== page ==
High-Flow Nasal Cannula Therapy for Respiratory Distress in Preterm Babies?
Robin Steinhorn, MD
Treatment failure was more frequent with HFNC than with CPAP in babies with early respiratory failure.
Use of high-flow nasal cannula (HFNC) therapy as means of noninvasive respiratory support for preterm infants has increased over the last decade, largely because the devices are easy to use and well tolerated. Although HFNC has been shown to be equivalent to continuous positive airway pressure (CPAP) for postextubation support of recovering preterm babies, whether this modality provides safe and effective early support for respiratory distress syndrome remains unknown.
To examine this issue, investigators conducted a randomized, controlled, noninferiority trial involving 583 moderately preterm infants (gestational age, 28 weeks to 36 weeks plus 6 days) at nine centers in Australia and Norway. The infants received respiratory support with either CPAP (6–8 cm of water pressure) or HFNC (6–8 liters of gas per minute) within the first 24 hours of life. Criteria for failure were worsening oxygenation or gas exchange, apnea, or need for emergent intubation.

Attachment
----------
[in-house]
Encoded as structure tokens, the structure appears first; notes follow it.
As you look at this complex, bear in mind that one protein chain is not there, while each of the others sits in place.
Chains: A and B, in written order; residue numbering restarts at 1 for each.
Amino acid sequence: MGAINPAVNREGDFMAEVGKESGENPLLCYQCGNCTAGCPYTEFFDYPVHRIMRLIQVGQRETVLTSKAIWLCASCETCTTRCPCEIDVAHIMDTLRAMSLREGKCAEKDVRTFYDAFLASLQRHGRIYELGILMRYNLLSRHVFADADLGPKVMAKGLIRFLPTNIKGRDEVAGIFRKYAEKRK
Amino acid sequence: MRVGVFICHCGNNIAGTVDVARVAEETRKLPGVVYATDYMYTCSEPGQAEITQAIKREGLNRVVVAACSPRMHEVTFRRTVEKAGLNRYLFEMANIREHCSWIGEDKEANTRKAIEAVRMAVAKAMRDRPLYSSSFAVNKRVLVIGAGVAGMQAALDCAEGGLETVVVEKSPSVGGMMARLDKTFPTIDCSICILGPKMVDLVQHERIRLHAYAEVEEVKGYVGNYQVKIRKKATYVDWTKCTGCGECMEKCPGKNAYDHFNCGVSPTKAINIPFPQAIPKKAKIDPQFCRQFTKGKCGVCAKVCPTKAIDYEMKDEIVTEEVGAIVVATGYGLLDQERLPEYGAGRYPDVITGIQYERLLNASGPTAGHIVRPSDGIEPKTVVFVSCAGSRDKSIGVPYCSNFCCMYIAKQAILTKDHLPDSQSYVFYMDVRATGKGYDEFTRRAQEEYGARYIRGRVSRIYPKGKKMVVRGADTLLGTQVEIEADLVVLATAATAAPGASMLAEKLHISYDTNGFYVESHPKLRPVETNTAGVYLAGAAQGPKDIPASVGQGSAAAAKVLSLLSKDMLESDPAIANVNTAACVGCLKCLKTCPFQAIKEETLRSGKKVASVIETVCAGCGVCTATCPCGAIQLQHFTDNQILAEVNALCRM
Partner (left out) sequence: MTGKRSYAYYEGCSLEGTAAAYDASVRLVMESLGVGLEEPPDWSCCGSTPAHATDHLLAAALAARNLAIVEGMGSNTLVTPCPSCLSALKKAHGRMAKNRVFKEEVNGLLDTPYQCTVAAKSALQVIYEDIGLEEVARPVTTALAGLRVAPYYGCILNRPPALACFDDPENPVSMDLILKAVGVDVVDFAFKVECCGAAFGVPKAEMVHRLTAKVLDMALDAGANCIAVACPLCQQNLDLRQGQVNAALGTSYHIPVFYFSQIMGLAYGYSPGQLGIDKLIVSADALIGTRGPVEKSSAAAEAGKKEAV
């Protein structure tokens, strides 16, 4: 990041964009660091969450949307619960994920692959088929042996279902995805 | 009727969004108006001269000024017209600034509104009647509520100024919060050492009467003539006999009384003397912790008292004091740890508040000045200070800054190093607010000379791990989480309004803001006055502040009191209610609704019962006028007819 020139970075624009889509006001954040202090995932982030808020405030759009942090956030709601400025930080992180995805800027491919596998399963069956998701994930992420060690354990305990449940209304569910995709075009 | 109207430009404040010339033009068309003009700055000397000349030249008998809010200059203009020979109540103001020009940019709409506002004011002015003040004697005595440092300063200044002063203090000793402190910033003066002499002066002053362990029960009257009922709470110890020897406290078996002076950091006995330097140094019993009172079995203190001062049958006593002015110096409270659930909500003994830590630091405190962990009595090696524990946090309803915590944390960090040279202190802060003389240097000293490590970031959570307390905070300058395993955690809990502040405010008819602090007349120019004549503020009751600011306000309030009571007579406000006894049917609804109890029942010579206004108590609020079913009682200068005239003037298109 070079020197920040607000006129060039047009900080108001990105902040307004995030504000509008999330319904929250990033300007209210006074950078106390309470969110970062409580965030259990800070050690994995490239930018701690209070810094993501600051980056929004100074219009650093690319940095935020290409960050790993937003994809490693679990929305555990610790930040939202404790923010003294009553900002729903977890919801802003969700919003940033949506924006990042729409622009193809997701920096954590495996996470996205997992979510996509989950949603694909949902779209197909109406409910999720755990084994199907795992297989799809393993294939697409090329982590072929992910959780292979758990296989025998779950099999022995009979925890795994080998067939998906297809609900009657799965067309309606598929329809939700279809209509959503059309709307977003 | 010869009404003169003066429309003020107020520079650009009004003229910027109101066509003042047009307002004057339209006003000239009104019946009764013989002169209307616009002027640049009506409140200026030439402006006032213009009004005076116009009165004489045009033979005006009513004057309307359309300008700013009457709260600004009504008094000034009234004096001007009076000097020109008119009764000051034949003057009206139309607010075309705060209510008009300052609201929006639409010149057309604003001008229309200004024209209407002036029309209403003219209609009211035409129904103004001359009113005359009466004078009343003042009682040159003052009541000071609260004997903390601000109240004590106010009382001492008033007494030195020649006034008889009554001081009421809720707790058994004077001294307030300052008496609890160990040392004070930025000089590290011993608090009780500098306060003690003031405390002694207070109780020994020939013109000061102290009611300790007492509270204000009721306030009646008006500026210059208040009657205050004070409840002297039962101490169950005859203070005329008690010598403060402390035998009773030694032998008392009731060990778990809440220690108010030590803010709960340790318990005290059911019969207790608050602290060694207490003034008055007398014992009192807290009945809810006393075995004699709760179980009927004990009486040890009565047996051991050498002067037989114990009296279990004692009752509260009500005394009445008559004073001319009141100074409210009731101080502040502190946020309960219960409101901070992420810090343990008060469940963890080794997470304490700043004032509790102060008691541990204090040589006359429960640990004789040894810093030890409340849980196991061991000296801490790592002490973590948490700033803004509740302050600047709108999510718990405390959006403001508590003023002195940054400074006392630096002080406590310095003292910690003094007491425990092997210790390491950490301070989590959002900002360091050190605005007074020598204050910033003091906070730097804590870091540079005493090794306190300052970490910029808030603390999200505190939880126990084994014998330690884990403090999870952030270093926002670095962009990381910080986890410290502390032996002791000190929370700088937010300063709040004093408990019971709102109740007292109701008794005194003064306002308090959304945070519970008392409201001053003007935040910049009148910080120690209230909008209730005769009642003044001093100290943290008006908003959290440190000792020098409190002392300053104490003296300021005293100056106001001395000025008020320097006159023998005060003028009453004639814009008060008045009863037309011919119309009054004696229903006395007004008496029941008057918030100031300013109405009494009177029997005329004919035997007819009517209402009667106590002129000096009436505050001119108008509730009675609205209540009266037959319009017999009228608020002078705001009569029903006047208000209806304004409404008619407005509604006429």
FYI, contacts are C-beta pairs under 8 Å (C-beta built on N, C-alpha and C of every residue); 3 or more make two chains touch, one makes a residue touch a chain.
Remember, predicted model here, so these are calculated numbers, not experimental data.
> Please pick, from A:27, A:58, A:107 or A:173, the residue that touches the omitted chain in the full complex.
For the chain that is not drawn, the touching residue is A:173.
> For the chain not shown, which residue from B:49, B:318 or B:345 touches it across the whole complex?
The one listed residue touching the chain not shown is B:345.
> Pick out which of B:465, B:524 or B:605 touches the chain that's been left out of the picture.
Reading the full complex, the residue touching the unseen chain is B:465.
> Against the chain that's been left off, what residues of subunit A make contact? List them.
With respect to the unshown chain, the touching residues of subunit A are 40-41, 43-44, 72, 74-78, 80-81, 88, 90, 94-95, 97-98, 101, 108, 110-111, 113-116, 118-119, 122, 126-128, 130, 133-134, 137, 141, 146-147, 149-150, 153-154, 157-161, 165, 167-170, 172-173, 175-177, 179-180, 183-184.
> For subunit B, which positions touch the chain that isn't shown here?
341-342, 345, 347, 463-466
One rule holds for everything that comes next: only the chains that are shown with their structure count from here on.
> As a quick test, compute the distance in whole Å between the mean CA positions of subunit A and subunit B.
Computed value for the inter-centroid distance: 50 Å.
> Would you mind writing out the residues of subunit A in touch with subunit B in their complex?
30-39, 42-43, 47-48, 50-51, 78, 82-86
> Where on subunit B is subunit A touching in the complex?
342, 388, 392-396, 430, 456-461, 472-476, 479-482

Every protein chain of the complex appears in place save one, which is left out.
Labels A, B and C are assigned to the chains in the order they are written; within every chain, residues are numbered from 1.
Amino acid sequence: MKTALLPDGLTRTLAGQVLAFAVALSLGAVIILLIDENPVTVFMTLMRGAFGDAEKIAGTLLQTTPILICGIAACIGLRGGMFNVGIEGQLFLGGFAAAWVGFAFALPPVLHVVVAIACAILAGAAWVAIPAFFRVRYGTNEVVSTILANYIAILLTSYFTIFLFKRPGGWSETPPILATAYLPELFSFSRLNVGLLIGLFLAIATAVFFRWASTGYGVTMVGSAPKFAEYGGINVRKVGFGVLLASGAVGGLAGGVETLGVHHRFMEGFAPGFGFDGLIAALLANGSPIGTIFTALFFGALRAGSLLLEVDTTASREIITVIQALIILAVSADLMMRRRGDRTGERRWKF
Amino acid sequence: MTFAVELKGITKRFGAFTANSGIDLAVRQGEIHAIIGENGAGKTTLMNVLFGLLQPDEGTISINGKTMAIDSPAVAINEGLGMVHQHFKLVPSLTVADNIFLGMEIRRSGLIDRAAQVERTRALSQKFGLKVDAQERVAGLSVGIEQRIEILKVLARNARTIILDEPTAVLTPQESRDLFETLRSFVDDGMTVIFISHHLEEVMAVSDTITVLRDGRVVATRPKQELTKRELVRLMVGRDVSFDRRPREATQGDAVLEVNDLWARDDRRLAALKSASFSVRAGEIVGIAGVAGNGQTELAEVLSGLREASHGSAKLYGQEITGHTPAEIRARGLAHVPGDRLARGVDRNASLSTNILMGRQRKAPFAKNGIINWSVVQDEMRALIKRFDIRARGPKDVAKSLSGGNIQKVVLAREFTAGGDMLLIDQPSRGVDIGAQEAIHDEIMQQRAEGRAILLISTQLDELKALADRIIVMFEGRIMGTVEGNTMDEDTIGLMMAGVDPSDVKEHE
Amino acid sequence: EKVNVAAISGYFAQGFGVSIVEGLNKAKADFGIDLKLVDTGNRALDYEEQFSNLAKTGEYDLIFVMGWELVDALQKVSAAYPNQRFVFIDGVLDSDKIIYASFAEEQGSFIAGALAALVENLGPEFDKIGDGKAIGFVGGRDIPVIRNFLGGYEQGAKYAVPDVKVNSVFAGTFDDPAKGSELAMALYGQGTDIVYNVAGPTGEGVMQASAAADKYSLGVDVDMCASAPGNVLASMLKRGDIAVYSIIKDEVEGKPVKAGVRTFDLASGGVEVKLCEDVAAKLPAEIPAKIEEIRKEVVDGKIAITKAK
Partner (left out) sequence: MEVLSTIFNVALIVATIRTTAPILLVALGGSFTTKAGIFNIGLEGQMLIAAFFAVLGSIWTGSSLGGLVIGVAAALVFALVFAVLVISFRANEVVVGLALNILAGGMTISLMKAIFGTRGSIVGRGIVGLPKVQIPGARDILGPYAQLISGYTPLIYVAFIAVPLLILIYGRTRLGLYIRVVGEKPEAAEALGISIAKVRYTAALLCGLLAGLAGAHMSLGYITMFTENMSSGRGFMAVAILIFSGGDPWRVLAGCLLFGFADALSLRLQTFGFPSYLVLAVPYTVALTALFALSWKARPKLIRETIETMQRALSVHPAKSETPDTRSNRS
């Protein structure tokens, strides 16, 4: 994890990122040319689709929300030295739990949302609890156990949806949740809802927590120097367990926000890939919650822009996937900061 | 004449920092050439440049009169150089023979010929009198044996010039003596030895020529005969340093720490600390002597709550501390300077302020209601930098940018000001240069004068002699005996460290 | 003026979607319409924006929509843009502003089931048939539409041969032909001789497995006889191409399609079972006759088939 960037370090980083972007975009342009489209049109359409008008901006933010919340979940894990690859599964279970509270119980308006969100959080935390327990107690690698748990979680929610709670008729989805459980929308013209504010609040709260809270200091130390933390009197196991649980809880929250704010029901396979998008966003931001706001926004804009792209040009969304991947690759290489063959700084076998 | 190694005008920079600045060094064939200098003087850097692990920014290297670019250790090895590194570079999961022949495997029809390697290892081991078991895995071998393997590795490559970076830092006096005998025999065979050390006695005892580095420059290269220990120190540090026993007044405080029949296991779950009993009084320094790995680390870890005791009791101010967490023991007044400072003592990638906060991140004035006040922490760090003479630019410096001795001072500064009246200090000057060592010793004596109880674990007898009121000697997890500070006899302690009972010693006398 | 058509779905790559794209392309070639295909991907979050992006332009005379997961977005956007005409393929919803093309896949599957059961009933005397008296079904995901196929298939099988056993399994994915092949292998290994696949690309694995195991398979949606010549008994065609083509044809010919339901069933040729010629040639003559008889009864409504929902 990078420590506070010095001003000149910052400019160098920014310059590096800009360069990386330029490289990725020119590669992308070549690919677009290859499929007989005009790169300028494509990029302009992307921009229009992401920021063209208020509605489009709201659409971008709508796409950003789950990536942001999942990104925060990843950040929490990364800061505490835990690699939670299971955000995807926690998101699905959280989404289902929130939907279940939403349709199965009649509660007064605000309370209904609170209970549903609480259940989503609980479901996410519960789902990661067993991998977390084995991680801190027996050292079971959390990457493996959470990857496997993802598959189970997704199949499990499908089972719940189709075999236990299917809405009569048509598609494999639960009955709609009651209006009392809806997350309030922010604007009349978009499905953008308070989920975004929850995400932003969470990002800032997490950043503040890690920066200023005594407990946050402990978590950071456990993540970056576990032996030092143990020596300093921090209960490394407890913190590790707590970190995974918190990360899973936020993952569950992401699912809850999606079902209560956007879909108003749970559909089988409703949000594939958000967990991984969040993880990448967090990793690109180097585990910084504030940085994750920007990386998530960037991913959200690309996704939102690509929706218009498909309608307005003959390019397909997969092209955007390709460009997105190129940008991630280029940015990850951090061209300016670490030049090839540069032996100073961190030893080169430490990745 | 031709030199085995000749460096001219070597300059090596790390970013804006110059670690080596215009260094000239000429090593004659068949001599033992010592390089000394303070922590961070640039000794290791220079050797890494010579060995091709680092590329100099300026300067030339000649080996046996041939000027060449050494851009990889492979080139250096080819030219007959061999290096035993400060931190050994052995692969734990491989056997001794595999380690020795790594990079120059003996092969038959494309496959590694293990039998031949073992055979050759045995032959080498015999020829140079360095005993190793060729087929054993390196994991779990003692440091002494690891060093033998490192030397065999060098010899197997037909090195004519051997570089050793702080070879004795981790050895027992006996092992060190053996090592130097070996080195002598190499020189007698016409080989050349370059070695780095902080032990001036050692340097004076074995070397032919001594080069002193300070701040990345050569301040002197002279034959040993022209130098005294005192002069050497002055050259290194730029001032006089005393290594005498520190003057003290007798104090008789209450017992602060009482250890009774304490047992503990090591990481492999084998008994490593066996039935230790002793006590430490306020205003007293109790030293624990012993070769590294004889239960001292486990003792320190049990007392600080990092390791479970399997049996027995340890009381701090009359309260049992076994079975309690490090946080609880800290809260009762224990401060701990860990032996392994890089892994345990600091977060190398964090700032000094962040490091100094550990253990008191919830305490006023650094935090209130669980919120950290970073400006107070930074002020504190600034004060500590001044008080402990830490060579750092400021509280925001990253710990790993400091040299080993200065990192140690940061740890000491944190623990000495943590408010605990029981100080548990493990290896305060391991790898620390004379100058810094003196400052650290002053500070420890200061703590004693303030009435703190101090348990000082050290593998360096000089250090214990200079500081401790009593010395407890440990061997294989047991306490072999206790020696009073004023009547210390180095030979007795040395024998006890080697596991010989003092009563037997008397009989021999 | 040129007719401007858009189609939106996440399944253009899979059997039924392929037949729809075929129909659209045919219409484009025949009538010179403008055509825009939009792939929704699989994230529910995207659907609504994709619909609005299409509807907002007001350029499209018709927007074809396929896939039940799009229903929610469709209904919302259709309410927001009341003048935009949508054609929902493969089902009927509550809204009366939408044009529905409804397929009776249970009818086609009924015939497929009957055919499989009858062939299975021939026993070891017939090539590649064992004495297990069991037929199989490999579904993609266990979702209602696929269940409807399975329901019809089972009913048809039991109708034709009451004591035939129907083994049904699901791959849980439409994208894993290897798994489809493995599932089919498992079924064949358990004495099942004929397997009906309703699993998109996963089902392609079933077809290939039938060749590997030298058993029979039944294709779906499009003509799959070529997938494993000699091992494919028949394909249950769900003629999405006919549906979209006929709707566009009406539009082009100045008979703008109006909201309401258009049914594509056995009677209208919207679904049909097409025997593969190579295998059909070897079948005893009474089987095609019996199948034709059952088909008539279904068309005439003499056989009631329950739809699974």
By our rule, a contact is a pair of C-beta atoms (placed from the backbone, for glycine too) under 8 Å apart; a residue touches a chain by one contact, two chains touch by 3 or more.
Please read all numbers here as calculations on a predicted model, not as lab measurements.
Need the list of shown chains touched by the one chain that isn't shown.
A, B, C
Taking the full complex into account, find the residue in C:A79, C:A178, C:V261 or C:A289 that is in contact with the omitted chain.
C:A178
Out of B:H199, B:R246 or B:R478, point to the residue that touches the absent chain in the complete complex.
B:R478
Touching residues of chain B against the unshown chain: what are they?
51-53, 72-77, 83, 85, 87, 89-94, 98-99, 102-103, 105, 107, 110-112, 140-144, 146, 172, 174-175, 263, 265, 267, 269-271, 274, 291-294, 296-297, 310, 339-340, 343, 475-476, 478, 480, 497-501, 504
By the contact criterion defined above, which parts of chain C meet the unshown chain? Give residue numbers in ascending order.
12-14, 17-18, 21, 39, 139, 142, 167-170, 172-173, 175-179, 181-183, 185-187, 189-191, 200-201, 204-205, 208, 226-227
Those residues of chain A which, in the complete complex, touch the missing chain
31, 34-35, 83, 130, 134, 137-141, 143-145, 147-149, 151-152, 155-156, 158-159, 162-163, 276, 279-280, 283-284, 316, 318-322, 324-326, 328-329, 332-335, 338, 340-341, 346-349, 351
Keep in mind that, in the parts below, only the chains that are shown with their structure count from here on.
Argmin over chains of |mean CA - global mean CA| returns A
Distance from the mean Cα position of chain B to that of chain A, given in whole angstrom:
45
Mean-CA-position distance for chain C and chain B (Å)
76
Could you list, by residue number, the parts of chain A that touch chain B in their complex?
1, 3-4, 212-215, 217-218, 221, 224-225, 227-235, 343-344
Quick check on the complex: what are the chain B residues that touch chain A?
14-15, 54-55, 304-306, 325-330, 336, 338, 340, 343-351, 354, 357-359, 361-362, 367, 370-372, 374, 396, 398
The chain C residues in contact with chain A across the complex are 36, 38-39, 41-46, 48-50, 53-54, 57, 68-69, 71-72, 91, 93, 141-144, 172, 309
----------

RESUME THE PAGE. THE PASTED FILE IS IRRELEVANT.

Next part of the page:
Early treatment failure was more frequent with HFNC versus CPAP (25.5% vs. 13.3%; P<0.001). Rates of intubation within 72 hours were similar with HFNC and CPAP (15.5% and 11.5%, respectively), although a trial of rescue CPAP was allowed after HFNC treatment failure.
These results contrast with previous studies that showed HFNC was equivalent to CPAP when initiated after extubation (e.g., NEJM JW Pediatr Adolesc Med Jan 2014 and N Engl J Med 2013; 369:1425). HFNC does not provide sufficient support for the preterm infant with early respiratory distress due to surfactant deficiency.
Roberts CT et al. Nasal high-flow therapy for primary respiratory support in preterm infants. N Engl Med 2016 Sep 22; 375-1142. (http://dx.doi.org/10.1056/NEJMoa1603694)
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